If you’re having trouble finding a job, you might try shadowing.
The idea behind shadowing – where you follow a lawyer throughout a work day, or perhaps a work-week or more – is to get a first-hand glimpse of what the job is all about.
But shadowing has other benefits as well. It gets you out there in the real world. It expands your professional contacts. And it gives you a chance to show off your qualifications.
One career expert says the law is a perfect profession for shadowing, and that it can yield big dividends in a tight market.
“You have to be more assertive than ever with your career,” says Hallie Crawford. “[A]sking for the opportunity to shadow someone is a way to not only learn what that job is like, but to expand your network as well.”
Shadowing starts by researching law positions that match your skills and interests. Do your homework. Consider a variety of positions – from public defenders to private practitioners – to see which ones suit you best.
Then pick up the phone and ask if you can hang out together.
10 Tips to Turn Shadowing into a Paying Job
- Use available resources. Visit your school’s career center or alumni association. Drop by the local chamber of commerce. Introduce yourself. Explain that you’re looking for a shadowing opportunity.
- Make contact. Once you’ve identified a target, send a letter or e-mail requesting a shadowing appointment. Allow ample lead time. Follow up with a phone call a week later to confirm a date.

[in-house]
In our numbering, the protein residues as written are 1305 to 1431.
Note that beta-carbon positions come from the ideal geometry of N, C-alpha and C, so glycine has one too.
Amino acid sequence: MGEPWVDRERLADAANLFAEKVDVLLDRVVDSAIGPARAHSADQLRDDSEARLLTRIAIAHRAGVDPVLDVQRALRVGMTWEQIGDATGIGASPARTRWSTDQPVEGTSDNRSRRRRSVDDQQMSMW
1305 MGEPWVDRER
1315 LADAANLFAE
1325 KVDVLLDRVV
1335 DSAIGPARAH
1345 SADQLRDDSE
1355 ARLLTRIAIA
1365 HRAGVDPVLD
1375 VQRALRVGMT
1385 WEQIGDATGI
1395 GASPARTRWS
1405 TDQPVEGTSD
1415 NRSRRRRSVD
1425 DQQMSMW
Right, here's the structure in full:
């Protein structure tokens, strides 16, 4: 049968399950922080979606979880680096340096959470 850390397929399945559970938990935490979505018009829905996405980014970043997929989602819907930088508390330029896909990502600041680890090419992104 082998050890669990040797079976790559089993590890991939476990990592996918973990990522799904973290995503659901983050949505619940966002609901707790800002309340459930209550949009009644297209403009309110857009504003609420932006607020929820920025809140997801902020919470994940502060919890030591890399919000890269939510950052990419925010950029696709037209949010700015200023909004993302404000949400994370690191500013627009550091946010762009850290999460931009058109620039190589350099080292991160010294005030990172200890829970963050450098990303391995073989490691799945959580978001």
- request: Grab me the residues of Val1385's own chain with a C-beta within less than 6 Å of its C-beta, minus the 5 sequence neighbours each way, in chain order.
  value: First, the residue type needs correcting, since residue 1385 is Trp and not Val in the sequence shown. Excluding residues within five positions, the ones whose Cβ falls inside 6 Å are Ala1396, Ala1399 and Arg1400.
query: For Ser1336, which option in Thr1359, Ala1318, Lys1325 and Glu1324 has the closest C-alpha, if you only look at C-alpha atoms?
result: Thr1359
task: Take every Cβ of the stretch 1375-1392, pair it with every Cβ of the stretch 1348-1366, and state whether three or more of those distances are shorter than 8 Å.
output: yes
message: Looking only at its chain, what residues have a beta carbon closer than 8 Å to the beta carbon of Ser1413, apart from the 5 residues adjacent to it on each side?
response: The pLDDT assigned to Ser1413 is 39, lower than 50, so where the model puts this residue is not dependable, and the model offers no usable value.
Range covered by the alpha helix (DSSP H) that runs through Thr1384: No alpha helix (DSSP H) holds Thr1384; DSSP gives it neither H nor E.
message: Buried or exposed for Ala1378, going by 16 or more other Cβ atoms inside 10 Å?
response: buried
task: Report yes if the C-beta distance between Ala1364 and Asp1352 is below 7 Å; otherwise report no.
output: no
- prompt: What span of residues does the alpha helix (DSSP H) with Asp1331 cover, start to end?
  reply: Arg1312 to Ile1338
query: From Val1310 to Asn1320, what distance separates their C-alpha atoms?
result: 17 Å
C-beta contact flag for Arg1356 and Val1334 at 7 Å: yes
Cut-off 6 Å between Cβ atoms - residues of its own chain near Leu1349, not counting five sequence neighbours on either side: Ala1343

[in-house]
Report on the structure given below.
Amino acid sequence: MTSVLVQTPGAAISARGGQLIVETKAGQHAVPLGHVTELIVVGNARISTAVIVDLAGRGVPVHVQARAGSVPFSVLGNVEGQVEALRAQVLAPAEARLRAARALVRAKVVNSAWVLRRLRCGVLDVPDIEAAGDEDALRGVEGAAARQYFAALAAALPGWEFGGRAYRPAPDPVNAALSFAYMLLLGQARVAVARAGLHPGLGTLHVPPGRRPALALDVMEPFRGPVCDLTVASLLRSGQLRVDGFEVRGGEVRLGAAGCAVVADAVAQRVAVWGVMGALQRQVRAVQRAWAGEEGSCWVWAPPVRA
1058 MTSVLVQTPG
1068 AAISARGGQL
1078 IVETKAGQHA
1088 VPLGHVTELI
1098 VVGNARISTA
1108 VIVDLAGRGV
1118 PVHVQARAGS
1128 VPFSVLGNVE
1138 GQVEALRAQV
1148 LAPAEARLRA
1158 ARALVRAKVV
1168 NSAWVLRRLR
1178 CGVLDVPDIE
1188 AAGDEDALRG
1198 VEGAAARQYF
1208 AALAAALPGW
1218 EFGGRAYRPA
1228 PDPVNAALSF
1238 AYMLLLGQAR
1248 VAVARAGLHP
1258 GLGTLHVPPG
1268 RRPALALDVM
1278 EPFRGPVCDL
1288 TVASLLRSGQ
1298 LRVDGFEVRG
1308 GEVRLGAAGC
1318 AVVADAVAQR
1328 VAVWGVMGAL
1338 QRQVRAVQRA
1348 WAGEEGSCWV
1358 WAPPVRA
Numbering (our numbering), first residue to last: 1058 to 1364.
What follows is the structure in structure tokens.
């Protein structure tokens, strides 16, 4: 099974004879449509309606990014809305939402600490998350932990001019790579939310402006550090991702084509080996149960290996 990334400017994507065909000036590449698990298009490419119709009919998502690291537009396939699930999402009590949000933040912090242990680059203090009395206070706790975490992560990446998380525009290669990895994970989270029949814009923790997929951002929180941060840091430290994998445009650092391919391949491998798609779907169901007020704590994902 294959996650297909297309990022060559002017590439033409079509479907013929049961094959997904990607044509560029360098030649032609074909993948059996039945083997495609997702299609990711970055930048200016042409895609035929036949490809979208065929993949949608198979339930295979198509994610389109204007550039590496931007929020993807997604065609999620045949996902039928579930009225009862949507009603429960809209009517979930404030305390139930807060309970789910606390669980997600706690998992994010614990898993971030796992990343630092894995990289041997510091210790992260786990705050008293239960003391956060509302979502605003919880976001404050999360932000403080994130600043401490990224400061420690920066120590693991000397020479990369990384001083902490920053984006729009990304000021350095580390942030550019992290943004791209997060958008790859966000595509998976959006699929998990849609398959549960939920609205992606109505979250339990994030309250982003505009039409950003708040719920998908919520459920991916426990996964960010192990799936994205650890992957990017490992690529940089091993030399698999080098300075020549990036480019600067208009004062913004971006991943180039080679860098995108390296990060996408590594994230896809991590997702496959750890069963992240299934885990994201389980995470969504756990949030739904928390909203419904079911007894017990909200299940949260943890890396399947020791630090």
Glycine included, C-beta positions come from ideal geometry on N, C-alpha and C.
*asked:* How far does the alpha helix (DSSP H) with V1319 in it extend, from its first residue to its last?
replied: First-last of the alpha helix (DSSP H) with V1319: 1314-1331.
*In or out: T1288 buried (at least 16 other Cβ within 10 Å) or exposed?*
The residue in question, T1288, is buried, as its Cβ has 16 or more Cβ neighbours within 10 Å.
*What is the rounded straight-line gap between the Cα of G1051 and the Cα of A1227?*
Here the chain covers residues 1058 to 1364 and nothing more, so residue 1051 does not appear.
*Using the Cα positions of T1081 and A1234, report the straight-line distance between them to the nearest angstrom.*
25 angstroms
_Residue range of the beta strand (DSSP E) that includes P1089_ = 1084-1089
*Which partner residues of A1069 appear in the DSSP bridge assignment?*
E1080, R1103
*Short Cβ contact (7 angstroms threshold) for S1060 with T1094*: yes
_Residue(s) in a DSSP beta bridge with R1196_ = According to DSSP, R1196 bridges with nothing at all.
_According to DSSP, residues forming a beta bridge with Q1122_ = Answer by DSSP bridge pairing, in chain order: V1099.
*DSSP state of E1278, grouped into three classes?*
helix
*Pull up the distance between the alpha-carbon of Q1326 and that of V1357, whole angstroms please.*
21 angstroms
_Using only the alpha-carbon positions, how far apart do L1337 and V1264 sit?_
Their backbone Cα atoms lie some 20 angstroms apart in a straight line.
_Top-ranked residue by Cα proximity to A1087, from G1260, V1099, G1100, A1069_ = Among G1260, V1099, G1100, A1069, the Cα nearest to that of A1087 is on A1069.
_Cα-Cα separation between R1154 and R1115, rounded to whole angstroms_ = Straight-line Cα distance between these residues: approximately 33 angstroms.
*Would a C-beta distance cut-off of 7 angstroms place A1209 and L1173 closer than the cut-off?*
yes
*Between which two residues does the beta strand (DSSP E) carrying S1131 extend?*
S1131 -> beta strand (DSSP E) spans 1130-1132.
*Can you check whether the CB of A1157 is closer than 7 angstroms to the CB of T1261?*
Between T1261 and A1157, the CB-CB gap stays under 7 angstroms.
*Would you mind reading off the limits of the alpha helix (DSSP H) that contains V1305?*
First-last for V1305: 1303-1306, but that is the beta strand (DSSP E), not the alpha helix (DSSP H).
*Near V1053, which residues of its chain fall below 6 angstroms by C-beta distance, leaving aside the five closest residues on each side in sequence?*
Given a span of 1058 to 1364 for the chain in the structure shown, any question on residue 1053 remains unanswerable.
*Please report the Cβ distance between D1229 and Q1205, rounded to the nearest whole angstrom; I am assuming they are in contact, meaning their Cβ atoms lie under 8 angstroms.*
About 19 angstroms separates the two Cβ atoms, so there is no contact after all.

- Offer to start with lunch. It’s a nice touch, even if it’s declined.
- Dress like you mean it. Pretend you’re going to a job interview. Show up on time. Be courteous and enthusiastic.
- Be open to whatever arises. You might shadow your professional on a typical work day. Or perhaps you’ll tag along for a deposition or a meeting of the local bar. Go with the flow.
- Pay attention and soak it all up. What is the “feel” of the workplace? Breezy and casual or dressy and formal? What technology is used? Social media? What is the dominant mode of communication: email, phone, in-person? Bring along a pen and pad for taking notes.
- Be inquisitive. But don’t interfere with the workflow. Be sensitive to confidentiality and other ethical concerns.
- Come right out and ask for help in your job search. “If you have good rapport with the person you’re shadowing, consider asking for a resume critique and advice on interviewing at the company, as well as thoughts on coursework, internships, and work experience that will enable you to break into a job at that company,” says Katharine Hansen of Quintessential Careers. “Remember that the professional you’re shadowing is now a valuable member of your network.”
- Request feedback on your performance. From Hansen “Ask to spend the last few minutes of your day reviewing your experiences with the person you’re shadowing and getting answers to questions you may have.
- Send a thank-you letter. Be gracious. Ask if you can stay in touch – and request a heads-up on any job openings.
Have you shadowed someone on their job? Was it worthwhile? How did it go? Drop us a comment.
- Monster.com http://career-advice.monster.com/career-development/changing-careers/the-job-shadow-knows-try-on-a-career-before-you-commit-hot-jobs/article.aspx
- Quintessential careers http://www.quintcareers.com/job_shadowing.html
Jay Reeves a/k/a The Risk Man is an attorney who has practiced North Carolina and South Carolina. Formerly he was Legal Editor at Lawyers Weekly and Risk Manager at Lawyers Mutual. Contact him at email@example.com.